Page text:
Basil is a warm-weather, fragrant herb that tastes great in many dishes—including the beloved homemade pesto!
Preparing for your journey
- Collect yourself. Bring your kit into focus and familiarize yourself with its contents.
- Pick a good location. Basil will grow best in a location that gets 6 to 8 hours of full sun daily, though it can perform well in partial sun, too.
- If you’re planning on cooking with these plants, plant them in clean soil, use organic fertilizers, don’t use insecticides, and grow them away from driveways and busy streets so that exhaust won’t settle on the plants.
How to plant basil
- Sow the seeds. Lay the seeds on the soil bed and cover. Plant at least 5 seeds about ¼-inch deep into a single pot.
- Keep it moist. Leaving the pot completely open will allow to much heat to enter and moisture to escape, causing fewer seeds or no seeds to germinate. To prevent this, use a clear plastic bag or wrap, spray the inside with water, and use it to cover the pot. Secure it with a rubber band so the seeds can properly germinate. When your seeds germinate, remove the plastic bag.
- Our Signature Potting Mix is designed to retain moisture, but you must still water your plant at least twice a day. During the dry seasons, you may water your basil freely.
- Make sure the water reaches the roots! Place a tray or saucer under your pot so you can water your plant without spillage.
- Thin your seedlings. Give each plant room to grow. Remove plants that are growing too close together, leaving one plant left to grow in a single pot. You may discard the others or you may transplant them to another pot. Note that transplanting them may damage the roots of the plant, lowering its survival rate.
- Only perform thinning after the emergency of true leaves (the 4th leaf).
- Trim your plant. After the seedling has produced their first 6 leaves, trim to above the 2nd set of branches. This encourages the plants to start branching, resulting in more leaves for harvest.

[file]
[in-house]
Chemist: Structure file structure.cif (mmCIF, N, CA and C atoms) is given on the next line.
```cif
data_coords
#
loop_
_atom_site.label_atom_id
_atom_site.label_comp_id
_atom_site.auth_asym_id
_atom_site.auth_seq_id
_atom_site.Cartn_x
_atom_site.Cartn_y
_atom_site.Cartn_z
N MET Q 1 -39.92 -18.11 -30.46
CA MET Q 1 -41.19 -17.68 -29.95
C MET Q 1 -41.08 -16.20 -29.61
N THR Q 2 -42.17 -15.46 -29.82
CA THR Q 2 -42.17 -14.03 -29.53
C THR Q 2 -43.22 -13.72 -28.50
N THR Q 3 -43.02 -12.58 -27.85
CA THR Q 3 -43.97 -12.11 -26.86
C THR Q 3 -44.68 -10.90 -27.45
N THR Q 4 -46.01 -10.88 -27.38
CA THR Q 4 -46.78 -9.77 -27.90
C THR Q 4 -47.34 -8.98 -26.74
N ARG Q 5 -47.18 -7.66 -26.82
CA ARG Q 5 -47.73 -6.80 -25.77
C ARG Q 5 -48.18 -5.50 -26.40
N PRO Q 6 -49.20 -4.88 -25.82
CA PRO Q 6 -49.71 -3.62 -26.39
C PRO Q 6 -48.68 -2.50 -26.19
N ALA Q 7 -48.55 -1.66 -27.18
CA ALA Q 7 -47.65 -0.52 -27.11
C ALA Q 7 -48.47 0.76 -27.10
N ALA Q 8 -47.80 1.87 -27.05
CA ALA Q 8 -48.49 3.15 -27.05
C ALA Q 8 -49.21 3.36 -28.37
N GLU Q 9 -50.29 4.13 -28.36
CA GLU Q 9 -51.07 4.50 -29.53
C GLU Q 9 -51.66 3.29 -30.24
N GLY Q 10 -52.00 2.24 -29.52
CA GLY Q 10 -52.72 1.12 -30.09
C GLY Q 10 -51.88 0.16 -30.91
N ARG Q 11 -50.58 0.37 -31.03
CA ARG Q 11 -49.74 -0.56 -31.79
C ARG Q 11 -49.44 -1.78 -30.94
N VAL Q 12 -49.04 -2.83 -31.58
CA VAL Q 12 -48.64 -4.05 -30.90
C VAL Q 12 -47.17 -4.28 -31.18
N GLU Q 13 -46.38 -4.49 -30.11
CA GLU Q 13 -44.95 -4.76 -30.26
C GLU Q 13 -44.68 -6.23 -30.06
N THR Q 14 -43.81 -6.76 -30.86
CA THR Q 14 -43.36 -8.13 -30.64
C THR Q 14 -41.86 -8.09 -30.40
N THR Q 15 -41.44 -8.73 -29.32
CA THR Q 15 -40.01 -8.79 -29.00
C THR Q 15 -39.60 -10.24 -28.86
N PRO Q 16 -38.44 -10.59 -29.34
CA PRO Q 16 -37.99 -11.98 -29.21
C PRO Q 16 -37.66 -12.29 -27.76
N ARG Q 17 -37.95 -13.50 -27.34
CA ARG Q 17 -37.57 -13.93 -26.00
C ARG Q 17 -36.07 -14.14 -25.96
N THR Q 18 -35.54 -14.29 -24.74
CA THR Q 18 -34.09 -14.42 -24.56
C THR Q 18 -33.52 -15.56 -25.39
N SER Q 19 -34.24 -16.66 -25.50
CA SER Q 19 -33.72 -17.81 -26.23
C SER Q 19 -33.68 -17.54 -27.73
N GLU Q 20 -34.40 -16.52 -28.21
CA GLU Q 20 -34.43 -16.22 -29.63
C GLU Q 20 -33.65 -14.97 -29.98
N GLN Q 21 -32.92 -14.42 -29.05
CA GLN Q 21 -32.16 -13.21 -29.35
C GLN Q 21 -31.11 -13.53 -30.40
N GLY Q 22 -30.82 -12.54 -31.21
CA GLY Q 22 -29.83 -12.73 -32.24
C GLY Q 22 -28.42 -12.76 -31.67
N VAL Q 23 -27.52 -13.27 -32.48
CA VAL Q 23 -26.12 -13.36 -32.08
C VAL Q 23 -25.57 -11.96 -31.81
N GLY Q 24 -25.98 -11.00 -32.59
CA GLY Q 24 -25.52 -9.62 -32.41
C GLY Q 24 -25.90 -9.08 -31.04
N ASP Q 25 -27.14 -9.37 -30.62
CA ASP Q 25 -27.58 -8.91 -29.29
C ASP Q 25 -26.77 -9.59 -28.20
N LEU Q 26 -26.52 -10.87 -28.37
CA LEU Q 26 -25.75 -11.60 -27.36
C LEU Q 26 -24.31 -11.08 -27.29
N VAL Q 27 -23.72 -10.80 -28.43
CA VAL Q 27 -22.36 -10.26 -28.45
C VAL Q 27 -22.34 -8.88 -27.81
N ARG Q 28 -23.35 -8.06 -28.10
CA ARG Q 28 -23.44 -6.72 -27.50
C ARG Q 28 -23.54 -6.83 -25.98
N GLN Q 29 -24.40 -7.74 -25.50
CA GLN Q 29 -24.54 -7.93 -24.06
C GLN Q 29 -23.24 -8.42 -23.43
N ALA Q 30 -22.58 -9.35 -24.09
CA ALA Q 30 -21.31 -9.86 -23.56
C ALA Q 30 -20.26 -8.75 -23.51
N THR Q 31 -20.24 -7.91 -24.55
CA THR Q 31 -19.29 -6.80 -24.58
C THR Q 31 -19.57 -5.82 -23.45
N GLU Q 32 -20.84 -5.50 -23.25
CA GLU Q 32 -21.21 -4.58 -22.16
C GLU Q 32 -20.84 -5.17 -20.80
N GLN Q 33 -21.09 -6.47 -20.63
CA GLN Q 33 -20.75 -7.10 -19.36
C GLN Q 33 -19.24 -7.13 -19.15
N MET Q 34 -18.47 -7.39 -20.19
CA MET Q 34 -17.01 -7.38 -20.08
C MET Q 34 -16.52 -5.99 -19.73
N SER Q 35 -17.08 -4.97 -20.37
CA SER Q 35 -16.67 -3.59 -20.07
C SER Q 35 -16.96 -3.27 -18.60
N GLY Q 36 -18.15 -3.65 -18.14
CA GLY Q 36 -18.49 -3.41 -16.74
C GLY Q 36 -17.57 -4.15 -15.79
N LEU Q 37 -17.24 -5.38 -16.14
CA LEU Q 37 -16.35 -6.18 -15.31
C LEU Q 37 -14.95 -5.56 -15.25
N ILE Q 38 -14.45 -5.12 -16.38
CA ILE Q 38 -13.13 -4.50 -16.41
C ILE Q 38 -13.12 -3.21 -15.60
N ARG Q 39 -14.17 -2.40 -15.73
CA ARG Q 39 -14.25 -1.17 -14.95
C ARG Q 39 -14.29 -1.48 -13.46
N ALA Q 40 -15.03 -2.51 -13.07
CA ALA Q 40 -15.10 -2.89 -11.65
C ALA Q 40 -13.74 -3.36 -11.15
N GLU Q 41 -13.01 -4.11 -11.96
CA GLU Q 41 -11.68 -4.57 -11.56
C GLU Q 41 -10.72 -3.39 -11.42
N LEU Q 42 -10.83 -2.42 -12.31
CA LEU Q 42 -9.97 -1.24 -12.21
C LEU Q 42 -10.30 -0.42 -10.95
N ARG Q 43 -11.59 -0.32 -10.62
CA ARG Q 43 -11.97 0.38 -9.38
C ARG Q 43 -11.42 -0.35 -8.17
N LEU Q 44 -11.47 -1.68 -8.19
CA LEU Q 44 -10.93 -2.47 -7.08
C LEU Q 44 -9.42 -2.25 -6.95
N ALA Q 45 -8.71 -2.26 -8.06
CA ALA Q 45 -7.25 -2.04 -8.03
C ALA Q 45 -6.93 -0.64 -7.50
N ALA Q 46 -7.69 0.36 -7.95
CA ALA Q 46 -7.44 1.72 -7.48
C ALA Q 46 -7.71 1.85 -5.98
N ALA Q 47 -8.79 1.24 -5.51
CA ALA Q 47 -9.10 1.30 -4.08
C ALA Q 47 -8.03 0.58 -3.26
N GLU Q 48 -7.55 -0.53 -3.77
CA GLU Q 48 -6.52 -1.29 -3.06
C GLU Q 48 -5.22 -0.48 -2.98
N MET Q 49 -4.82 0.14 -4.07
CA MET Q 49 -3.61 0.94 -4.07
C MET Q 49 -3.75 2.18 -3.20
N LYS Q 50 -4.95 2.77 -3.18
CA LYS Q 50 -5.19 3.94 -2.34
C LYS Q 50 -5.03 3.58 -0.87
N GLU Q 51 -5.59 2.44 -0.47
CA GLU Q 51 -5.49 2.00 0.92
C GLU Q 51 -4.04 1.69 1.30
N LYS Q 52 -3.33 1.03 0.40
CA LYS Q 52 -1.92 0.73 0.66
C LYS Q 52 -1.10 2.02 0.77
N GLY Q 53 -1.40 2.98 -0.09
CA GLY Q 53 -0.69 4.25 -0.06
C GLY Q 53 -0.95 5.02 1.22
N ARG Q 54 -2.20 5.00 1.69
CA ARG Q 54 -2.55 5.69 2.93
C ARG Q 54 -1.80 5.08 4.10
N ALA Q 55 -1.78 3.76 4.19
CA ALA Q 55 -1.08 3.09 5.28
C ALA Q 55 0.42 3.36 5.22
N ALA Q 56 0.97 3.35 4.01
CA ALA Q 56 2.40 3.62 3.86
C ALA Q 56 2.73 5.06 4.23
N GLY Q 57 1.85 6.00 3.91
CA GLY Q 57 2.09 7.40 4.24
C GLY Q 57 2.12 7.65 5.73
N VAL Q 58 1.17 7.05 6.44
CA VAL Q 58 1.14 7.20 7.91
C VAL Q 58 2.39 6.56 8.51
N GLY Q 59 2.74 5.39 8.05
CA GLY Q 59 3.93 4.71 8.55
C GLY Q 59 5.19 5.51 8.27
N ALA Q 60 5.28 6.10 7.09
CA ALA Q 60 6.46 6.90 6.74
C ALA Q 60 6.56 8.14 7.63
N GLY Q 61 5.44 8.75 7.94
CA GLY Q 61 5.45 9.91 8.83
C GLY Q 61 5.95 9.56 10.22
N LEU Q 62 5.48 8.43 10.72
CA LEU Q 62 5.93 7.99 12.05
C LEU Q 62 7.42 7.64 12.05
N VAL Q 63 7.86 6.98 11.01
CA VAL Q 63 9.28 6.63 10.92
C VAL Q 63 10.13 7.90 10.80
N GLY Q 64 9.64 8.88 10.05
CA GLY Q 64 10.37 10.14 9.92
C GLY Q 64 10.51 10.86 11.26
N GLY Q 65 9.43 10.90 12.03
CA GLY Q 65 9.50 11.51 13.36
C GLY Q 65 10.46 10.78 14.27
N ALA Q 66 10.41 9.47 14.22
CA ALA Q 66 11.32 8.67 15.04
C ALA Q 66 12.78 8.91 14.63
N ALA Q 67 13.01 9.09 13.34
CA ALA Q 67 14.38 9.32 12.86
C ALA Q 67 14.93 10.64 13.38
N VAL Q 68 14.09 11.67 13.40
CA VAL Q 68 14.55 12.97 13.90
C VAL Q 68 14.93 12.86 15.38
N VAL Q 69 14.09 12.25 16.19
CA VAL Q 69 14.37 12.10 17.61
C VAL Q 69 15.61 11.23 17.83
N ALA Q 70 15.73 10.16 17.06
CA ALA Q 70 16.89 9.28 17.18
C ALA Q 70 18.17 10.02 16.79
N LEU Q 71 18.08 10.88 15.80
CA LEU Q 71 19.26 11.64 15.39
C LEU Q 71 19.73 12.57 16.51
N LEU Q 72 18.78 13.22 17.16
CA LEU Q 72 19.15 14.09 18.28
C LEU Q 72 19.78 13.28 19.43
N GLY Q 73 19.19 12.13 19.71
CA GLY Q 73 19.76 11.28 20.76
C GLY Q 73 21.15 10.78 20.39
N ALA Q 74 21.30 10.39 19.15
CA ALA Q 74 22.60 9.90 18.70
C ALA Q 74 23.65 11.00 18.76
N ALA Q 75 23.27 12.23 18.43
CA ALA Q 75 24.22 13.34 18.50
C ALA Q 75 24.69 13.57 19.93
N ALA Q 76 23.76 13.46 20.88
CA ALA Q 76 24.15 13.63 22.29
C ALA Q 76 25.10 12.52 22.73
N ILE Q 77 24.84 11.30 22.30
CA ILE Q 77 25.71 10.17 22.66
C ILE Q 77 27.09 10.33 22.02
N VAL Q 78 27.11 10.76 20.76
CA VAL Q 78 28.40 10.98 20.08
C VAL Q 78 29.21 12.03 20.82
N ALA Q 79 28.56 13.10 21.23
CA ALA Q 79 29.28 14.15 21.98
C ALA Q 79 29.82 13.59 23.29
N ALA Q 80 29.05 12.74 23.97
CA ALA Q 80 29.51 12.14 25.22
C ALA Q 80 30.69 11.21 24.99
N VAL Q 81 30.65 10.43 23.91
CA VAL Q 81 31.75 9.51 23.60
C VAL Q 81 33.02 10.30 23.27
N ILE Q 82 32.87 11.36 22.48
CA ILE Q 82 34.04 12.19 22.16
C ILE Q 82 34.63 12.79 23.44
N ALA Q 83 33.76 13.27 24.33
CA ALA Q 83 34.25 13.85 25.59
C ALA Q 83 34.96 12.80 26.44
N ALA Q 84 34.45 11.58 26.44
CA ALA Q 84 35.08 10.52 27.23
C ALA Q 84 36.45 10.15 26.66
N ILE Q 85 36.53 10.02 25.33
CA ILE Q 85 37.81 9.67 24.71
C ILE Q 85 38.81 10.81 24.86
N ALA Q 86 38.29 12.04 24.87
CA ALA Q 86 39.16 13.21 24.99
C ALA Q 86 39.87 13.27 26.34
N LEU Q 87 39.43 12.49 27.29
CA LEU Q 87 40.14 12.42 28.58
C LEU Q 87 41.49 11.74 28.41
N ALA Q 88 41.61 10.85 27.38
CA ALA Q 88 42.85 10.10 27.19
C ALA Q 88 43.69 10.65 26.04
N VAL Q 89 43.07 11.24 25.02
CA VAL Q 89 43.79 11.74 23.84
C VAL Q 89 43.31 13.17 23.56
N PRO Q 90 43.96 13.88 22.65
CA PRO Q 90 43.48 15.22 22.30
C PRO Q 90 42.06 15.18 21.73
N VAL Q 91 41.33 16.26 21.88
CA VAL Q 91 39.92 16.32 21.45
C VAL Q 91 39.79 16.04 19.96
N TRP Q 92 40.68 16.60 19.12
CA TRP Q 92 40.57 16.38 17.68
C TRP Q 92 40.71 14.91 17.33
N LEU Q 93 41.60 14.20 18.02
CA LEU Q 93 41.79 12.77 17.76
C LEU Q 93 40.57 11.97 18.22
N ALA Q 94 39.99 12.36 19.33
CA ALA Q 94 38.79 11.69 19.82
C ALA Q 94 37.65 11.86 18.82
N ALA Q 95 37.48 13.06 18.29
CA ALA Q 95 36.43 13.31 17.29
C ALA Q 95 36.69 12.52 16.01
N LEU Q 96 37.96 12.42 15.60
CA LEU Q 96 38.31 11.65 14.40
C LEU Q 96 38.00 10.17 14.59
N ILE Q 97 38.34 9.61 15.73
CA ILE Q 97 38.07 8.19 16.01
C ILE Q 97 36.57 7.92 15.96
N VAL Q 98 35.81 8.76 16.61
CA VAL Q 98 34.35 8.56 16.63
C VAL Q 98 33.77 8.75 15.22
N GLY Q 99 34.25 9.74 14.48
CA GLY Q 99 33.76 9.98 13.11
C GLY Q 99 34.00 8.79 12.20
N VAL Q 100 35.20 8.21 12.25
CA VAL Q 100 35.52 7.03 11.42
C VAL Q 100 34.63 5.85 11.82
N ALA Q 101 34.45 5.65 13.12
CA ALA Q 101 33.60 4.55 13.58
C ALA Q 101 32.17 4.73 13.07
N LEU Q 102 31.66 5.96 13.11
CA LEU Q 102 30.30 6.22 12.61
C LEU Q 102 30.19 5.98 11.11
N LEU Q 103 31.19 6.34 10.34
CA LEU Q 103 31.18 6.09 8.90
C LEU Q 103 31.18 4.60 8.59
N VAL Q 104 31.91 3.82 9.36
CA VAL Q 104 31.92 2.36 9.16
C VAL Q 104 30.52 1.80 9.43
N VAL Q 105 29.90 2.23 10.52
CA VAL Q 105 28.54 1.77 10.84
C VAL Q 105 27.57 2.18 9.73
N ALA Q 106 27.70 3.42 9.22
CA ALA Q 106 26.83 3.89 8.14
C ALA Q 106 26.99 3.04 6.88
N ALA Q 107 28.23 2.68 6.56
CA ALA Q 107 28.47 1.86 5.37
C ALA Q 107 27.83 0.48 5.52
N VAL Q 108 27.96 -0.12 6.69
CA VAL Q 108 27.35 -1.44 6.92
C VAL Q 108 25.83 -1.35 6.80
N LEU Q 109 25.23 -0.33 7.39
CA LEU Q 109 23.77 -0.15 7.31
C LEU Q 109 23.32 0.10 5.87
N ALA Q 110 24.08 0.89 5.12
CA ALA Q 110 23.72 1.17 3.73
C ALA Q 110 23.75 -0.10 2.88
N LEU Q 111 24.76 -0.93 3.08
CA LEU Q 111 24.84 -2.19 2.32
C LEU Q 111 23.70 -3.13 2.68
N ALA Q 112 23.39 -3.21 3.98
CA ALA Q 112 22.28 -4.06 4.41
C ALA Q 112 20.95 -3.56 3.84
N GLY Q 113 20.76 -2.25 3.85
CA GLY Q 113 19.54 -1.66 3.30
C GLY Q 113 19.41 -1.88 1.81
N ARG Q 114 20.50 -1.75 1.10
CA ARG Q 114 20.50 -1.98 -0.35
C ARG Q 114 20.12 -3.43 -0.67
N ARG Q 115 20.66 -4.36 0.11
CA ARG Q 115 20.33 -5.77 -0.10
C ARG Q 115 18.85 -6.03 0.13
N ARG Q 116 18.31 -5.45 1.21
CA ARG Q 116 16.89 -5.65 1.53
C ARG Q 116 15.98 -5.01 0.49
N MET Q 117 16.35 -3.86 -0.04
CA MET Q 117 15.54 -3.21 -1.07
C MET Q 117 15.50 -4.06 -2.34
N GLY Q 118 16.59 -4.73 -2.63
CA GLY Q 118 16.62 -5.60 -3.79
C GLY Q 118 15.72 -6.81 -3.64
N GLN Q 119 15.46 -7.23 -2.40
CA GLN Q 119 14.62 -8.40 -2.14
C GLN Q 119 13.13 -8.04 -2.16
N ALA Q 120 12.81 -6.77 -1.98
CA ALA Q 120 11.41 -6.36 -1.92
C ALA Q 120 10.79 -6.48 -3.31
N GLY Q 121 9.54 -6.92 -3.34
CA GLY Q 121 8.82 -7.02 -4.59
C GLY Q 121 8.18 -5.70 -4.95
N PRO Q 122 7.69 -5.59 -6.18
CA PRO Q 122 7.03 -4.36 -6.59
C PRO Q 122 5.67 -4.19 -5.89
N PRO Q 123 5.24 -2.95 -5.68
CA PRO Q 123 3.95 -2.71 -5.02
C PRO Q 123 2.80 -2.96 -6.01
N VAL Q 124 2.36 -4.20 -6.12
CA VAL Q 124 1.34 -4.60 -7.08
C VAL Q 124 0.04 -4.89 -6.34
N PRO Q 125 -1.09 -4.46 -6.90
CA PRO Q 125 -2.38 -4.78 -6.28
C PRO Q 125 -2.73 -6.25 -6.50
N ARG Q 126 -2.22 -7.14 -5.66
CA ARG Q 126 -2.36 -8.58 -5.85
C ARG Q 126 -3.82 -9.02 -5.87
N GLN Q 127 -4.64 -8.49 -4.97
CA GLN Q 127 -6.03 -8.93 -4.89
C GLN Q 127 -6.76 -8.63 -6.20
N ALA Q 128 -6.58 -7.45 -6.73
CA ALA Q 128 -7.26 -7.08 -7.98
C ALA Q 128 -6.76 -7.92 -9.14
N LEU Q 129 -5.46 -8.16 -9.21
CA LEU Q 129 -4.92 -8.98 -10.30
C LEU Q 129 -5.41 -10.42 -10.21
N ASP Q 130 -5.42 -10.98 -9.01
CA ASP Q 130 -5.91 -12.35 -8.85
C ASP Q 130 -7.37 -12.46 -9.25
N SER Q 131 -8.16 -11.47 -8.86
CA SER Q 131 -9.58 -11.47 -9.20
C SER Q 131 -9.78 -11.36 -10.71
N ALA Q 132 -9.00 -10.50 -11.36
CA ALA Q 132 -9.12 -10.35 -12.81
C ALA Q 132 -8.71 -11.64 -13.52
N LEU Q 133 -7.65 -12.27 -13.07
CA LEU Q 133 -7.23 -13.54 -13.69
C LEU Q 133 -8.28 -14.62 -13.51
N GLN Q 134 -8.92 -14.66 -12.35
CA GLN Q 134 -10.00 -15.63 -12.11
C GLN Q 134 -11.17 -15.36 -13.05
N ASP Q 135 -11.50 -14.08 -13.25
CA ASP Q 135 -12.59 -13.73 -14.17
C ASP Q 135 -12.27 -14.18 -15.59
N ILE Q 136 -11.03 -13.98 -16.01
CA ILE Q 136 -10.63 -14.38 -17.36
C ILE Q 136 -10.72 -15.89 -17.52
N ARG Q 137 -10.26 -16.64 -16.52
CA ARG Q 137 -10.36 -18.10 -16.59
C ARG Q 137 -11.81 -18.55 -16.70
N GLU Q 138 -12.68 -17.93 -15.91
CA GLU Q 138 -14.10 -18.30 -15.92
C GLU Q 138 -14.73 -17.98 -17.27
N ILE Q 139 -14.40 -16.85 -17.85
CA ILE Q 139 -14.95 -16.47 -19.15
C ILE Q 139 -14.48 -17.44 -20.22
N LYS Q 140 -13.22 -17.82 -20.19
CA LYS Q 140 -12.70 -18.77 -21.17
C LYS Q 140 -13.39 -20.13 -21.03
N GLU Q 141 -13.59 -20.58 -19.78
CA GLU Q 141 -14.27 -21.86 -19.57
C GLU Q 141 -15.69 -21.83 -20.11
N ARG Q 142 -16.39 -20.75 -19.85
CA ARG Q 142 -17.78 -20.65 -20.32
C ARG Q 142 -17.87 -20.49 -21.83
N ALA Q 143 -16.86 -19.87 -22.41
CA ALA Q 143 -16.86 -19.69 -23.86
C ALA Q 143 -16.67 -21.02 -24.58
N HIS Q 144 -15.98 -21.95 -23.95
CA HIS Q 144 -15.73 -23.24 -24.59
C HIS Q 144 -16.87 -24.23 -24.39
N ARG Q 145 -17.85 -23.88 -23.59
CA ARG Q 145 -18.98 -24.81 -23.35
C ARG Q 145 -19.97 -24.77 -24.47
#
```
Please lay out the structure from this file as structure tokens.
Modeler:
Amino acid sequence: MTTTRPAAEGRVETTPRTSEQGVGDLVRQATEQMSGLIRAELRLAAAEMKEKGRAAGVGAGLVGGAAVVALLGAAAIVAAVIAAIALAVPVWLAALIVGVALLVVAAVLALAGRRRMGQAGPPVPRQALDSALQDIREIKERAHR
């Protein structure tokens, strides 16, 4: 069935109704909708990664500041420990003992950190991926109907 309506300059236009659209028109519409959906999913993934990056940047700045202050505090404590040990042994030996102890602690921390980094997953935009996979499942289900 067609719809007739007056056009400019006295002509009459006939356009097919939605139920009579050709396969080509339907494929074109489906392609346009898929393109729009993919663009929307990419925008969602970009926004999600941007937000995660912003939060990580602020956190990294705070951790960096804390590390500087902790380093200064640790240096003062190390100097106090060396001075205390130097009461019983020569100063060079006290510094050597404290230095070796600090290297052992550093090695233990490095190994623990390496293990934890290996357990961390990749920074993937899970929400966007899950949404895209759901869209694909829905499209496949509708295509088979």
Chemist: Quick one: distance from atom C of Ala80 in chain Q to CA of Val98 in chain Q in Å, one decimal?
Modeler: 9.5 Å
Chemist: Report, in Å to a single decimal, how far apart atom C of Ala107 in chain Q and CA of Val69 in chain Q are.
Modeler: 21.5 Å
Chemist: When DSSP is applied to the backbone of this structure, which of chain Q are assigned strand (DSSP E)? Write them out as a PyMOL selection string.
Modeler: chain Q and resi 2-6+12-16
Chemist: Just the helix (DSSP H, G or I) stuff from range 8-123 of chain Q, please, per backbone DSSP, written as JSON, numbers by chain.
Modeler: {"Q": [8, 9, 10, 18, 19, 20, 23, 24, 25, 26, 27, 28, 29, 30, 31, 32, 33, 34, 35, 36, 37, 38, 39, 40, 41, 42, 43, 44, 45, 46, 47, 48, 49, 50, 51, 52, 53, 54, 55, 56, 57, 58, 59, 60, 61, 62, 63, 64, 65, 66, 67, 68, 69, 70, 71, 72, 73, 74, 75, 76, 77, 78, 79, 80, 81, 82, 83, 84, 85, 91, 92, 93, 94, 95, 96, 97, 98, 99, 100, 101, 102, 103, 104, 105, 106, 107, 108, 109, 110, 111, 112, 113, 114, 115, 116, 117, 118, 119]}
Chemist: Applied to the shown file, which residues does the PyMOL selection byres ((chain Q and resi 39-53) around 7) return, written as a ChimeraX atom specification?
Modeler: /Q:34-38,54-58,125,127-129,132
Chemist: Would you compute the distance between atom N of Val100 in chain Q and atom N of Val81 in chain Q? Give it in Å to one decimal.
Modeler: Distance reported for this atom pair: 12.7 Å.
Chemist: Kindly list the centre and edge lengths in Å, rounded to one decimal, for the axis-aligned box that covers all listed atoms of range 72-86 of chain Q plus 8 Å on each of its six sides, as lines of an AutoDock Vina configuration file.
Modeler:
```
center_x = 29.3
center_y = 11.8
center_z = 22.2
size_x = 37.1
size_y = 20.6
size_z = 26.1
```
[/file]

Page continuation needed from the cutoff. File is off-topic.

- Every time a single branch has 6-8 leaves, repeat pruning the branches back to their 1st set of leaves.
- After about 6 weeks, pinch off the center shoot to prevent early flowering.
- If flowers buds grow, remove them. They create a hormone change that will reduce the flavor of the leaves. This is called bolting.
Feeding your basil
- Fertilize your plant. Fertilizers help your plant fight harmful pathogens and become its best self. When your basil seeds germinate or sprout in about 7 to 10 days, use Morning Miracle and Bloom Serum.
- Bury 1 Morning Miracle caplet in the soil close to your seedlings twice a week. Be careful not to destroy their roots.
- Apply 5 drops of Bloom Serum on your plant twice a week. You may drop the serum on the leaves and flowers to ensure healthy growth.
- Water your plant generously after dosages of Morning Miracle and Bloom Serum. Our signature fertilizers are highly concentrated!
Tip: Our signature plant food are rich with live micro-organisms. Store them in a cool dark, and dry area. Read more about our signature plant food here!
How to harvest basil
- The best thing about a plant is that it's a gift that keeps on giving. Start picking the leaves of basil as soon as the plants are 6 to 8 inches tall.
- Harvest in the early morning, when leaves are at their juiciest.
- Make sure to pick the leaves regularly to encourage growth. Even if you don’t need the leaves, pick them to keep the plant going. Store them for later use!
- If you pick regularly, twelve basil plants can produce 4 to 6 cups of leaves per week.
How to store basil
- The best method for storing basil is freezing. Freezing will prevent the plant from losing a good portion of its flavor. To quick-freeze basil, package whole or chopped leaves in airtight, resealable plastic bags, then place in the freezer.
- Another storage method is drying the basil (although some of the flavor will be lost). Pinch off the leaves at the stem and place them in a well-ventilated and shady area. After 3 to 4 days, if the plants are not completely dry, place them in the baking oven on the lowest heat setting with the door slightly open. Remember to turn the leaves (for equal drying) and check them frequently.
The journey of planting is best enjoyed with others. Teach your family and friends. Let them taste your harvest.